Open Access
Article
Clinical review of deep brain stimulation and its effects on limbic basal ganglia circuitry
Christian Saleh1,Michael Scott Okun1
1
Department of Neurology, Bichat University Hospital, 46 rue Henri Huchard, 75018 Paris, France. chs12us75010@yahoo.com
DOI: 10.2741/3111 Volume 13 Issue 15, pp.5708-5731
Published: 01 May 2008
Abstract

This paper aims to provide an overview of factors that may contribute to cognitive and mood alterations following DBS (and lesion therapy). A PubMed search based on studies in the English-language was undertaken, and included all publications on the topics of mood and surgery for movement disorders. Information was collected on pre-operative and post-operative characteristics of each study, and study methodology was examined. One-hundred and forty published articles were selected and reviewed for mood and behavior changes following neurosurgery for movement disorders. There were a variety of mood and cognitive changes associated with DBS (and lesion therapy). These alterations of behavior and cognition were seen in all targets but not frequently reported with thalamic DBS. However methodological limitations, small sample sizes, lack of control groups, and the heterogeneity of data reported underscore why interpretation and comparison of limbic effects of DBS remains challenging. The collection and reporting of more standardized minimal data sets will allow for future comparisons, and improve the power required to answer many of the questions raised in this review.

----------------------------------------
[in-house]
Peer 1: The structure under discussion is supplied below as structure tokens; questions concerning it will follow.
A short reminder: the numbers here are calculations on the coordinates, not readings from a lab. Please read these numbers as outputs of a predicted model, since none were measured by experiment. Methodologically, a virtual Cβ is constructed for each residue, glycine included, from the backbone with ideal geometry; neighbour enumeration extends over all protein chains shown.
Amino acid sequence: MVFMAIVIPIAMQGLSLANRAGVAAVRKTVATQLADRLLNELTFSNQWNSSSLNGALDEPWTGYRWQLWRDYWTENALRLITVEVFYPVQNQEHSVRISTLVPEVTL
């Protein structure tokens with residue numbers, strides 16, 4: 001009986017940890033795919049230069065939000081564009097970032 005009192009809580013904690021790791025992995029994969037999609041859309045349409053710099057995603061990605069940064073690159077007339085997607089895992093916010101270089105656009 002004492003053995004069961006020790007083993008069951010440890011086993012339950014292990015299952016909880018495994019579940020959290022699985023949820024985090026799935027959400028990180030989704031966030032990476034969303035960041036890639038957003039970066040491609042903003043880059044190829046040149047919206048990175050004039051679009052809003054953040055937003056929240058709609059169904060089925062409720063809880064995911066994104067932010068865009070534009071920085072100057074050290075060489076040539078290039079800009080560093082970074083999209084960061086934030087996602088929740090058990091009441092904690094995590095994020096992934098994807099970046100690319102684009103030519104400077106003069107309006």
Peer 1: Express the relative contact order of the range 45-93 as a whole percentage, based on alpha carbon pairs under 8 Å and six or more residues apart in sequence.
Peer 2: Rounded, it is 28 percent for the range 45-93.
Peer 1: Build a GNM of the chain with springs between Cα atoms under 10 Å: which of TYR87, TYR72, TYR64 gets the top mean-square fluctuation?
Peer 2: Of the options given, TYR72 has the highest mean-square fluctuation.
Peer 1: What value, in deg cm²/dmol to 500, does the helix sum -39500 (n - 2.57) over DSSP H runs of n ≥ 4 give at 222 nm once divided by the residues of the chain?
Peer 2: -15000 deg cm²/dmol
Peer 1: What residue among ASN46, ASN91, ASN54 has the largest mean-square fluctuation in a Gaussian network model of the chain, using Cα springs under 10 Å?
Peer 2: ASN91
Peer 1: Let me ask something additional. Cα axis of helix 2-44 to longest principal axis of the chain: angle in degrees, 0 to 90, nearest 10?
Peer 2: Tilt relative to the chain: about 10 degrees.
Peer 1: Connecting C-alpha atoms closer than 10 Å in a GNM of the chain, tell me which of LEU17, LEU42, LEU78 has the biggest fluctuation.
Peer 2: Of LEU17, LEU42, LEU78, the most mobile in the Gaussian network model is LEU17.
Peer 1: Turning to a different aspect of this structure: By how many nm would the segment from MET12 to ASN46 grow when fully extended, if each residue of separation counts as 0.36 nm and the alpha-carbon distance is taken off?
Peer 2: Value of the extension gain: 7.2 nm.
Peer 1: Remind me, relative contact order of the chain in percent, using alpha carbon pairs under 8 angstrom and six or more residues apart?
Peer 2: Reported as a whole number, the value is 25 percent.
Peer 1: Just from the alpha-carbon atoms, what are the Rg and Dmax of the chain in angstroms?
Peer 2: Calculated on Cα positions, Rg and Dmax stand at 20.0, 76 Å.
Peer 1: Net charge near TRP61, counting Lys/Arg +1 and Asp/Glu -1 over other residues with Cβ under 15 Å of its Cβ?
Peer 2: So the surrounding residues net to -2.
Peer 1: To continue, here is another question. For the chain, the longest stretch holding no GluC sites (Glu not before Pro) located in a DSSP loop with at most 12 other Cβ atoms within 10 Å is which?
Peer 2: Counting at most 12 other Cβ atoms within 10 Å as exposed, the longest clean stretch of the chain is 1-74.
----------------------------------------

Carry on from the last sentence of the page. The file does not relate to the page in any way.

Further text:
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Christian Saleh, Michael Scott Okun. Clinical review of deep brain stimulation and its effects on limbic basal ganglia circuitry. Frontiers in Bioscience-Landmark. 2008. 13(15); 5708-5731.